This was a pretty massive day for OnePlus, even if the planning for it was rather last-minute due to Apple. Today, the company announced the OnePlus 6T, its latest Android smartphone that's obviously the best one yet, and given how extensively the device leaked in recent weeks, it also came with few surprises. The unsurprising nature of the reveal also encompassed the OnePlus 6T's availability details, though it didn't diminish their importance. Naturally, the subject at hand here is that for the first time ever, a OnePlus handset will be sold by an American carrier. Not just any operator, at that; the third-largest one in the country – T-Mobile.
By winning a distribution partnership with the self-proclaimed Un-Carrier, OnePlus succeeded where many others failed, outmaneuvering much-better-funded Chinese manufacturers such as Huawei and Xiaomi. Whereas Huawei is effectively blocked from large-scale stateside business due to its close ties to Beijing and Xiaomi's U.S. launch is an Apple lawsuit waiting to happen, OnePlus is now set to enter the world's largest flagship market with one of the most aggressively priced high-end handsets in the world. If there ever was a perfect opportunity for the company to attract mainstream popularity in spite of its frugal marketing efforts that come down to encouraging users to advertise its products for free, it's this one.
Not even the most hardcore OnePlus fans will (probably) argue the claim that the firm made some major mistakes in recent years but given its consistent growth, it certainly got more things right than not. Since its late 2013 inception and the 2014 OnePlus One, every following Android smartphone from the manufacturer became its fastest- and best-selling one, largely due to the fact that its brand recognition got stronger and its distribution network continued to expand, even as global handset demand started stagnating and even falling as of last year. The firm continued the same strategy this year with new carrier deals in Europe but the addition of T-Mobile to its list of partners is by far the biggest win it recorded in recent times. With over 75 million subscribers, the Bellevue, Washington-based company already has a massive pool of customers, many of whom will encounter the OnePlus 6T in the coming months, whether in one of its 5,600 stores throughout the country that will carry the smartphone or online.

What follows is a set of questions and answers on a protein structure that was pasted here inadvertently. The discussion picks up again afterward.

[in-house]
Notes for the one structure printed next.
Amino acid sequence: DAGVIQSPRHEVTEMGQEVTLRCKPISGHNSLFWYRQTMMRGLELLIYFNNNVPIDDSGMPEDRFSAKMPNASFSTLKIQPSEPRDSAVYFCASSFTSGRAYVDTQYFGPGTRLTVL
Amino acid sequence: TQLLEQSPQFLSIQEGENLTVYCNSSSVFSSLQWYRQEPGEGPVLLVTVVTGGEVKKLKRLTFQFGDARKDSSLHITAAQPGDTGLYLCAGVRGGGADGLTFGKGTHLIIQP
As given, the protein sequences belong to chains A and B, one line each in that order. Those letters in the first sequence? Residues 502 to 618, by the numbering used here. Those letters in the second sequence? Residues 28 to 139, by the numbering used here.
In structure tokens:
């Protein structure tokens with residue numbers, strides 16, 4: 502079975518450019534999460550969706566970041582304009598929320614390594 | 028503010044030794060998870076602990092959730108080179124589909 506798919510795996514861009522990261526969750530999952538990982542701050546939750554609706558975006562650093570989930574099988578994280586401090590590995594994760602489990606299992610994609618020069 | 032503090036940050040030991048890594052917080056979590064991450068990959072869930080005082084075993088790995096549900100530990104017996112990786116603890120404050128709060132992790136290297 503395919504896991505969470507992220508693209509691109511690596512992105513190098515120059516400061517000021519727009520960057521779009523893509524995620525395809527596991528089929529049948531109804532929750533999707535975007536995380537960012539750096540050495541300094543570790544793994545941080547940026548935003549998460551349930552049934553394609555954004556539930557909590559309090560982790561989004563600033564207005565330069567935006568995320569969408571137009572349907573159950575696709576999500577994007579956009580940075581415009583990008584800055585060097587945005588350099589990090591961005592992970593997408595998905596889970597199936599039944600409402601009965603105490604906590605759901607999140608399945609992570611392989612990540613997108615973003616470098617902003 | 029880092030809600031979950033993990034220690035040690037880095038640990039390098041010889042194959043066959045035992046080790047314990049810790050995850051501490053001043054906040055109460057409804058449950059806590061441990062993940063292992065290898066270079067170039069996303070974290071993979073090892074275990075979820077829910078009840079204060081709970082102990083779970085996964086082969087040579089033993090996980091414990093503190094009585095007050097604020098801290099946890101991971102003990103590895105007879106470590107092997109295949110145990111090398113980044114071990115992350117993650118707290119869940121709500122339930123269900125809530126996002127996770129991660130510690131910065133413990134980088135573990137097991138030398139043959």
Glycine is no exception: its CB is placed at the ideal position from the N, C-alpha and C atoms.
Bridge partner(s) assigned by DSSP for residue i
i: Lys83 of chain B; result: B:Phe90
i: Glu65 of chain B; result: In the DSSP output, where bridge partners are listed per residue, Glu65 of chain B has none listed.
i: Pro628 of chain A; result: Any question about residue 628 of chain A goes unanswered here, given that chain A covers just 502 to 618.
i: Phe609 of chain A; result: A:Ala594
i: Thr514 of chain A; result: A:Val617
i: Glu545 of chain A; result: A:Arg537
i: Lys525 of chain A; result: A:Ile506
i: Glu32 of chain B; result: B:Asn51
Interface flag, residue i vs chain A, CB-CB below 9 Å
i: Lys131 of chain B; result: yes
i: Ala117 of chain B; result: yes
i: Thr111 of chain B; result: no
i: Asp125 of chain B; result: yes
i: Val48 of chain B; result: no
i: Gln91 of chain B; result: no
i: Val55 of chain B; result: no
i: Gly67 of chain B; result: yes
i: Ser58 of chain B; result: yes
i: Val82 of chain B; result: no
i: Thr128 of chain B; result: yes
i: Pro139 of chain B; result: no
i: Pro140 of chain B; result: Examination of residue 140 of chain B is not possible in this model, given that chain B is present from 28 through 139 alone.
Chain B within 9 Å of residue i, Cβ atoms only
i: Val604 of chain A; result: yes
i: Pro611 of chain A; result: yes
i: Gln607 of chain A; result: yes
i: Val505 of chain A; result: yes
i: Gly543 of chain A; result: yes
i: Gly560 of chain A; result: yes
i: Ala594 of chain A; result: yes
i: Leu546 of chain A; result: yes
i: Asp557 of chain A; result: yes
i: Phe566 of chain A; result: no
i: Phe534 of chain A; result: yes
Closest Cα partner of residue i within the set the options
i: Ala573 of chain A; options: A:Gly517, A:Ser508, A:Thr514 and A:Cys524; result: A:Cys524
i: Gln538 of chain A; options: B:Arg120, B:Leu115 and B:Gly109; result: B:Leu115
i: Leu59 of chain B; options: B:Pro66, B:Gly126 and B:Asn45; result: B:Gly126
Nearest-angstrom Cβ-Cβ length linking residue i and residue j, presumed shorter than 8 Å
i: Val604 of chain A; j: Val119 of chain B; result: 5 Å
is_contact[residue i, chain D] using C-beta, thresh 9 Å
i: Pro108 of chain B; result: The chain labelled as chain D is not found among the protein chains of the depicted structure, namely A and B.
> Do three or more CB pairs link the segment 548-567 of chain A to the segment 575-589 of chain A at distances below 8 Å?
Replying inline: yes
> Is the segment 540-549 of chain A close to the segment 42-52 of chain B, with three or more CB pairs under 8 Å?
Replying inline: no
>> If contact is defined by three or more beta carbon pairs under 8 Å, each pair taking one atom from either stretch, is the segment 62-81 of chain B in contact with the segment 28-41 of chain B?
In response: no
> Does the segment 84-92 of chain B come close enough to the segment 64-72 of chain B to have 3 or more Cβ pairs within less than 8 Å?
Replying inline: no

Combining that increased exposure with the fact that the OnePlus 6T will also be the company's first device to work on Verizon's 4G LTE network, it's not difficult to predict that the firm has another massive hit on its hands which will outsell every one of its previous products. To call that development significant would be an understatement; while popular among the tech-savvy crowd in many parts of the world, OnePlus is still a niche brand. The OnePlus 6 released earlier this year was its fastest-selling device to date, moving a million units in a matter of three weeks. That figure is nothing to scoff at but fades away in comparison to tens of millions of flagships the world's largest manufacturers are selling on an annual basis. And if your only product is of the high-end variety and you're not a financial powerhouse like Huawei, you can't become a major player in the industry without the backing of at least one major U.S. carrier, which makes the T-Mobile partnership so significant.